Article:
Full-text · Article · Nov 2013 · PLoS ONE
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    • "In contrast, although allelic loss at the LKB1 locus (chromosome 19p13.3) is observed in many cancers, somatic mutations in LKB1 are relatively rare in most common tumor types, including colon [41] , breast [42] , ovarian [43] , and brain [44] cancers. However, mutations in LKB1 do occur in a small fraction of malignant melanomas [45] [46] , cervical cancers [47] [48] , and pancreatic cancers [49] [50] . "
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    ABSTRACT: Mammalian target of Rapamycin (mTOR) is aberrant activated in many cancer types, and two Rapamycin derivatives are currently approved by FDA for the treatment of renal cell carcinoma. Mechanistically, mTOR is hyperactivated in human cancers either due to the genetic activation of its upstream activating signaling pathways or the genetic inactivation of its negative regulators. The tumor suppressor liver kinase B1 (LKB1; also known as serine/threonine kinase 11, STK11) involves in cell polarity, cell detachment and adhesion, tumor metastasis, and energetic stress response. One of LKB1's key roles is to negatively regulate mTOR complex 1 (mTORC1) activity. This review summarizes the molecular basis of this negative interaction, and recent research progress in this area.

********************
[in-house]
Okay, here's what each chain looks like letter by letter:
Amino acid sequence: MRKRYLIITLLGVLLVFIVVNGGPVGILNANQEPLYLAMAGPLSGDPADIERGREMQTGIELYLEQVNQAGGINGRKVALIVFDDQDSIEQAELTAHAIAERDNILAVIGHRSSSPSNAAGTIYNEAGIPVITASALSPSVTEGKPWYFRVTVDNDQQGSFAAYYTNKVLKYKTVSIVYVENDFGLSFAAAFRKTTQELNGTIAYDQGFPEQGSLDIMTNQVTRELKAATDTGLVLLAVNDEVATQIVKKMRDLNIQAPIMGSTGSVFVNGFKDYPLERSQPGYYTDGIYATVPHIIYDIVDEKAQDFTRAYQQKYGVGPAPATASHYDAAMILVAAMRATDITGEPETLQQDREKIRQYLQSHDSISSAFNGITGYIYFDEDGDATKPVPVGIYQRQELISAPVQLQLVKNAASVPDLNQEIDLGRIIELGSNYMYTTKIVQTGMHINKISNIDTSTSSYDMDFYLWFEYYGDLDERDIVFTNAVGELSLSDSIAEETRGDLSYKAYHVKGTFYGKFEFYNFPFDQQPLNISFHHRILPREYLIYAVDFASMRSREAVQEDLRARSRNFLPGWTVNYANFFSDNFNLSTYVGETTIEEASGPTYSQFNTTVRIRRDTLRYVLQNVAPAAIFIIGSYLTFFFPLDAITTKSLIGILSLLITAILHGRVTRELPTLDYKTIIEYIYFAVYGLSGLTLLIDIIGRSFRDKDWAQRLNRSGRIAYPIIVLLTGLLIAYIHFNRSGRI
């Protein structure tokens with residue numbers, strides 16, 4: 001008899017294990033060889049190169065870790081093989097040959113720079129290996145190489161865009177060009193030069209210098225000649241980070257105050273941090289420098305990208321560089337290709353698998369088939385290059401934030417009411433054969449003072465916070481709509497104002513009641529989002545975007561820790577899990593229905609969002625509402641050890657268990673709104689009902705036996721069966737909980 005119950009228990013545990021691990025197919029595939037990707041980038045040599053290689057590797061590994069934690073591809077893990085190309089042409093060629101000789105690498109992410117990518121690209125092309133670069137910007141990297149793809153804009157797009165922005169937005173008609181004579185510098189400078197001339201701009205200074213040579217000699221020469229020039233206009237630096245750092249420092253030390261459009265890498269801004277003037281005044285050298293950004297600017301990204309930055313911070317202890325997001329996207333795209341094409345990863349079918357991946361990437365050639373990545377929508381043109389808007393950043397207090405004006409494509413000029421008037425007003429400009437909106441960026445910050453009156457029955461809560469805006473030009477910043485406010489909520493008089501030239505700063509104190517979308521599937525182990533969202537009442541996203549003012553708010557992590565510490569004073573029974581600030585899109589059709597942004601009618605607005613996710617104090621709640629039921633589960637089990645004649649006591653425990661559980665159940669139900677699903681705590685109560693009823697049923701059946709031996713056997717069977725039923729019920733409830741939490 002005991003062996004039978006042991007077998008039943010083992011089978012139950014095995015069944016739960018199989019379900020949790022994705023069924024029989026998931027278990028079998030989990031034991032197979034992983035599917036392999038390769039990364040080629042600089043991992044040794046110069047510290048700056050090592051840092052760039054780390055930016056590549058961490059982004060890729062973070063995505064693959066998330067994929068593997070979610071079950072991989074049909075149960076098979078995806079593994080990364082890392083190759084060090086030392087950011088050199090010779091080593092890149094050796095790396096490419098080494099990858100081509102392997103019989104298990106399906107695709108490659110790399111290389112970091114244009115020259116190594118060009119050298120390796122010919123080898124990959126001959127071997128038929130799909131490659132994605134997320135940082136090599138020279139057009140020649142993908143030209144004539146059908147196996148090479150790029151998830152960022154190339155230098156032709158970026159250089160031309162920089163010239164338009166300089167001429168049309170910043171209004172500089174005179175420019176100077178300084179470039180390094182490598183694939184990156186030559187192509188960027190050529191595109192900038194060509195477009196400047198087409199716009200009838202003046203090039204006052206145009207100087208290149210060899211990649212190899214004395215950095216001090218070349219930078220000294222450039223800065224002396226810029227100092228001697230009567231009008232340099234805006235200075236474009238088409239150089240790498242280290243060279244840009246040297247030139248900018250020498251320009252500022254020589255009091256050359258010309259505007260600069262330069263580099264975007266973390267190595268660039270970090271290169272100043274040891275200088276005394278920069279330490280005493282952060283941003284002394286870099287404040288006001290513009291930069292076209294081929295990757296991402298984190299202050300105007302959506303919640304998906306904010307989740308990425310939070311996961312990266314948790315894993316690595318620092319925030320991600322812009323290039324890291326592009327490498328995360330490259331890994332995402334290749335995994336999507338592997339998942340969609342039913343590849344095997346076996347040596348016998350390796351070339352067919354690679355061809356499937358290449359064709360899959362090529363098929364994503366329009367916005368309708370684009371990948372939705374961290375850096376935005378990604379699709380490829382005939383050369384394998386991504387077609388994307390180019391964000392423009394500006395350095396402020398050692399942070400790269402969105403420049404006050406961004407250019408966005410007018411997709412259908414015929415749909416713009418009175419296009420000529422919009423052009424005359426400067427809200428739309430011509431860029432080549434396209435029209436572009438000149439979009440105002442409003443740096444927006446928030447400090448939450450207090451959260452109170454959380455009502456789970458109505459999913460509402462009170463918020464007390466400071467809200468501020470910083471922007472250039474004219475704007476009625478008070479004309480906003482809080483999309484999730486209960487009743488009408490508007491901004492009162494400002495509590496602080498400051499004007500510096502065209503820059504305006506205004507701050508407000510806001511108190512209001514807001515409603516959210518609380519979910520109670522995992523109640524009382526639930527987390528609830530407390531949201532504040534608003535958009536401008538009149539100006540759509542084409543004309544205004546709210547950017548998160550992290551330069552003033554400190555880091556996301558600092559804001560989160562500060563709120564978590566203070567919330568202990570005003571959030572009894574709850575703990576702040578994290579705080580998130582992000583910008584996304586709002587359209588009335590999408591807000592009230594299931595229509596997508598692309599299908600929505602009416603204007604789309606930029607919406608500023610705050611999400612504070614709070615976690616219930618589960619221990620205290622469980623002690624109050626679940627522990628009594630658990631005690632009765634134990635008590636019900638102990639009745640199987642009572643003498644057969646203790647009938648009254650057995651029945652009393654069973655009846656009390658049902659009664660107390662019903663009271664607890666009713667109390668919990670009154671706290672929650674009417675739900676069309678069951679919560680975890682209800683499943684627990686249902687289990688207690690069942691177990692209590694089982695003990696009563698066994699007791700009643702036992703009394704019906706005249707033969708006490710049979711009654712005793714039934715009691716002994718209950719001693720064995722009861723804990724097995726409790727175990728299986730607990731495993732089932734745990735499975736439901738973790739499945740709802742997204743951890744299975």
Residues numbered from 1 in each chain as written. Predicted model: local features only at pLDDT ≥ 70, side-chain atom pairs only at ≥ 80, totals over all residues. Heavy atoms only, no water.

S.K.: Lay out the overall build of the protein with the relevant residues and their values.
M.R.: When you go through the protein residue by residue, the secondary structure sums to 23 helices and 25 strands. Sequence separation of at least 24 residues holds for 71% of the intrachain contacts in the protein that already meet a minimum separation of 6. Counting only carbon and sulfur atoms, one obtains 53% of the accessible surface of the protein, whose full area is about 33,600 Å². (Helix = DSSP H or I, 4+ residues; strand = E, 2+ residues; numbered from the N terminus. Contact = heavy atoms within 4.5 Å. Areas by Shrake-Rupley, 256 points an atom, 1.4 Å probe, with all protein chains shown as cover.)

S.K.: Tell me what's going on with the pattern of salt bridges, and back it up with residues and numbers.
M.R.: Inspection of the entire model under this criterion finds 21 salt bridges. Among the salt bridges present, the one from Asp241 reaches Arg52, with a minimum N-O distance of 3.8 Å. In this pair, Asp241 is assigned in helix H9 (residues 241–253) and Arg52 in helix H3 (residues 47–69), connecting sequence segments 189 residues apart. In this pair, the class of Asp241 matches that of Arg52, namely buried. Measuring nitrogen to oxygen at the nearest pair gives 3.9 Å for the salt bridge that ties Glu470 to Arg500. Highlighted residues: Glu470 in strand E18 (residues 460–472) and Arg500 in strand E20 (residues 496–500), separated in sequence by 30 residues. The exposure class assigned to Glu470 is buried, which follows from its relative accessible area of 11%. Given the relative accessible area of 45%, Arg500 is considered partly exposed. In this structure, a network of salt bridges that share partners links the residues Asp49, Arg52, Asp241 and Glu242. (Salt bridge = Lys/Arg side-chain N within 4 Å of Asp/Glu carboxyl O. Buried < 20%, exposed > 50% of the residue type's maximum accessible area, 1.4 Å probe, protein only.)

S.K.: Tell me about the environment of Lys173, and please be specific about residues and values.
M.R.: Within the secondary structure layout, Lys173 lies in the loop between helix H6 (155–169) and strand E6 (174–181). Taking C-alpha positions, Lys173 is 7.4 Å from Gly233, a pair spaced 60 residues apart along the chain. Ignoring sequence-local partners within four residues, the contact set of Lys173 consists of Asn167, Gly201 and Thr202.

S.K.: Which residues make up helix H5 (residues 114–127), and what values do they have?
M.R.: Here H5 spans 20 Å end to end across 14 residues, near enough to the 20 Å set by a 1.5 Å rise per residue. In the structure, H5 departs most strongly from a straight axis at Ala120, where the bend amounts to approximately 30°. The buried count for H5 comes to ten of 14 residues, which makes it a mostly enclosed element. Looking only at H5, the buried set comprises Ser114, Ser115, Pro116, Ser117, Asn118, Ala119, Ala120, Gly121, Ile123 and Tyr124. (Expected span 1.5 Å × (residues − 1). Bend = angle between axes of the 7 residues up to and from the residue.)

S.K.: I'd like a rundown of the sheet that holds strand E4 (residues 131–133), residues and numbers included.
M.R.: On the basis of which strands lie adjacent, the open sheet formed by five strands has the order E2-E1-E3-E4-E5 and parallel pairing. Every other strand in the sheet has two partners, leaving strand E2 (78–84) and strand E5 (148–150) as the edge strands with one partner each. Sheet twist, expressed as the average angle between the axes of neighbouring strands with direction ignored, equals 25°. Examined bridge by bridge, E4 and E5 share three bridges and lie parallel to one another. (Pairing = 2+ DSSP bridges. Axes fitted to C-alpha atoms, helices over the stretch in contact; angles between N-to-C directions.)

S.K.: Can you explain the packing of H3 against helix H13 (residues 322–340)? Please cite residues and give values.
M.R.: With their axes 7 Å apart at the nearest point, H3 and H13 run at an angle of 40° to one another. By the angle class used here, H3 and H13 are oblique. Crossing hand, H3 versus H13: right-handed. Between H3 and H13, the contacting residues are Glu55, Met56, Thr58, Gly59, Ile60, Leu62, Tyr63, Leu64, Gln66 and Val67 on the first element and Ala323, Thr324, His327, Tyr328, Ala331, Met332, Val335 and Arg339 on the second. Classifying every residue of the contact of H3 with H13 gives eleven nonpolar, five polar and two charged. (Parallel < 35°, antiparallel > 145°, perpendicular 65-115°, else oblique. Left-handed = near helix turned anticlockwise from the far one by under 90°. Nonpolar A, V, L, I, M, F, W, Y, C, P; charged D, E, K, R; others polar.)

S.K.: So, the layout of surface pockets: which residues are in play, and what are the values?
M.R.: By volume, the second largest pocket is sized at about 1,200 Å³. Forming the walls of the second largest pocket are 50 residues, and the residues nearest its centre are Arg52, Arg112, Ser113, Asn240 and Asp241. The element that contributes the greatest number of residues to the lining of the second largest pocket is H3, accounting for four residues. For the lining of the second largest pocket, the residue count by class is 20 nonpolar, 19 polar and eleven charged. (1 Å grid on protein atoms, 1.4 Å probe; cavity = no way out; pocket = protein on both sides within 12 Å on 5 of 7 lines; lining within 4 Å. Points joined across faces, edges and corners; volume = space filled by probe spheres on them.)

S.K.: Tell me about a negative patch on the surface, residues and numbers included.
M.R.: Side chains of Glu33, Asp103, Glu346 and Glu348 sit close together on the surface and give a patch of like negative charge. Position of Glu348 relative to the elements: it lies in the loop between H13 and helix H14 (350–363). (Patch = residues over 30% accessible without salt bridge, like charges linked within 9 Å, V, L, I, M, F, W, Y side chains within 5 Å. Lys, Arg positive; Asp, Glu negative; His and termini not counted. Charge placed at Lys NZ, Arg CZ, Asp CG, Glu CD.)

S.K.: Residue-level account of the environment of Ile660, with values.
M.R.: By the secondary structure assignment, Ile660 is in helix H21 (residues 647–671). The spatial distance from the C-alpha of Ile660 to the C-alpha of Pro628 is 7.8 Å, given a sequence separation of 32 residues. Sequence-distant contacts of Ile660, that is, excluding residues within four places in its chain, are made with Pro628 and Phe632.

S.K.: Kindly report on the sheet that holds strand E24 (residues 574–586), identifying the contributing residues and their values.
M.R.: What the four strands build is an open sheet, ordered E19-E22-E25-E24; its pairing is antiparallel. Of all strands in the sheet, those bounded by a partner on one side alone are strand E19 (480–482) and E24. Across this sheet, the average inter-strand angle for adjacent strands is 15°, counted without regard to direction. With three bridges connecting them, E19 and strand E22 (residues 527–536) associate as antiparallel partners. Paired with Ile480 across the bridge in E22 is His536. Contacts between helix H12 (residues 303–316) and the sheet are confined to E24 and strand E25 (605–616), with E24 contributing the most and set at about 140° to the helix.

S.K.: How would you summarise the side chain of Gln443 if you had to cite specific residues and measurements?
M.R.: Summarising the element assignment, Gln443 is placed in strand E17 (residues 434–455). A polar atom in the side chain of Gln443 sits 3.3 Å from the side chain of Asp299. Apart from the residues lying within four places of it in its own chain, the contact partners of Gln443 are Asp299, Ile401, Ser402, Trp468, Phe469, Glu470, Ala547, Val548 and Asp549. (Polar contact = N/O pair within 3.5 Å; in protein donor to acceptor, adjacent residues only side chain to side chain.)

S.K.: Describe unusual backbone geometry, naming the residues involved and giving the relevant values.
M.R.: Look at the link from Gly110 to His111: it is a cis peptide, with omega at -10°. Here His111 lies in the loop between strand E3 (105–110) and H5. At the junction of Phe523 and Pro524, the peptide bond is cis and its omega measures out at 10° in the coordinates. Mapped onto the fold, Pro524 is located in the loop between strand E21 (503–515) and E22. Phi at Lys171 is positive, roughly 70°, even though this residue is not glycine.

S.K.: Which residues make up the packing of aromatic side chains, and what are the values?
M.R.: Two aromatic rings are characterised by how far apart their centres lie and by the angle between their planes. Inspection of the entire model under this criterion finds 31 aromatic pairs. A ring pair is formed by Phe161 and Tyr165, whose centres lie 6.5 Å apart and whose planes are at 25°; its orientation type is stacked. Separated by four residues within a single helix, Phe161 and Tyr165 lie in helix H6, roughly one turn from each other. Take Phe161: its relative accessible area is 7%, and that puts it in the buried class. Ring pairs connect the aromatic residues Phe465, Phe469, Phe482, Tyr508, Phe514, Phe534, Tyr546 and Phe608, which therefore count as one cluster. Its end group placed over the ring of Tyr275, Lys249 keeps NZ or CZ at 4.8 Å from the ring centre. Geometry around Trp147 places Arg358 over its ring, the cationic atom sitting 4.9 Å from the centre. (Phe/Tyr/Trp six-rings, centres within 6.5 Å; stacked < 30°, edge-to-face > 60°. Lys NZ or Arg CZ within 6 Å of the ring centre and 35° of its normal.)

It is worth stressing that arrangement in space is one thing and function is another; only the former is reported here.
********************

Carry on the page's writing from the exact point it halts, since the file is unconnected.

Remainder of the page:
Full-text · Article · May 2013 · Ai zheng = Aizheng = Chinese journal of cancer
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    • "Patients with PJS are tumor prone, demonstrating a significantly increased risk for several cancers (e.g., of colon, pancreas, breast, ovary, and testis) (Giardiello et al., 2000; Lim et al., 2004; Sanchez- Cespedes, 2007). Somatic LKB1 mutations also are common in sporadic cancers: most notably lung adenocarcinoma (~30%; Ji et al., 2007; Weir et al., 2007), cervical carcinoma (~15%; Forbes et al., 2011; Wingo et al., 2009), and melanoma (~10%; Forbes et al., 2011; Guldberg et al., 1999; Rowan et al., 1999). "
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    ABSTRACT: Germline mutations in LKB1 (STK11) are associated with the Peutz-Jeghers syndrome (PJS), which includes aberrant mucocutaneous pigmentation, and somatic LKB1 mutations occur in 10% of cutaneous melanoma. By somatically inactivating Lkb1 with K-Ras activation (±p53 loss) in murine melanocytes, we observed variably pigmented and highly metastatic melanoma with 100% penetrance. LKB1 deficiency resulted in increased phosphorylation of the SRC family kinase (SFK) YES, increased expression of WNT target genes, and expansion of a CD24(+) cell population, which showed increased metastatic behavior in vitro and in vivo relative to isogenic CD24(-) cells. These results suggest that LKB1 inactivation in the context of RAS activation facilitates metastasis by inducing an SFK-dependent expansion of a prometastatic, CD24(+) tumor subpopulation.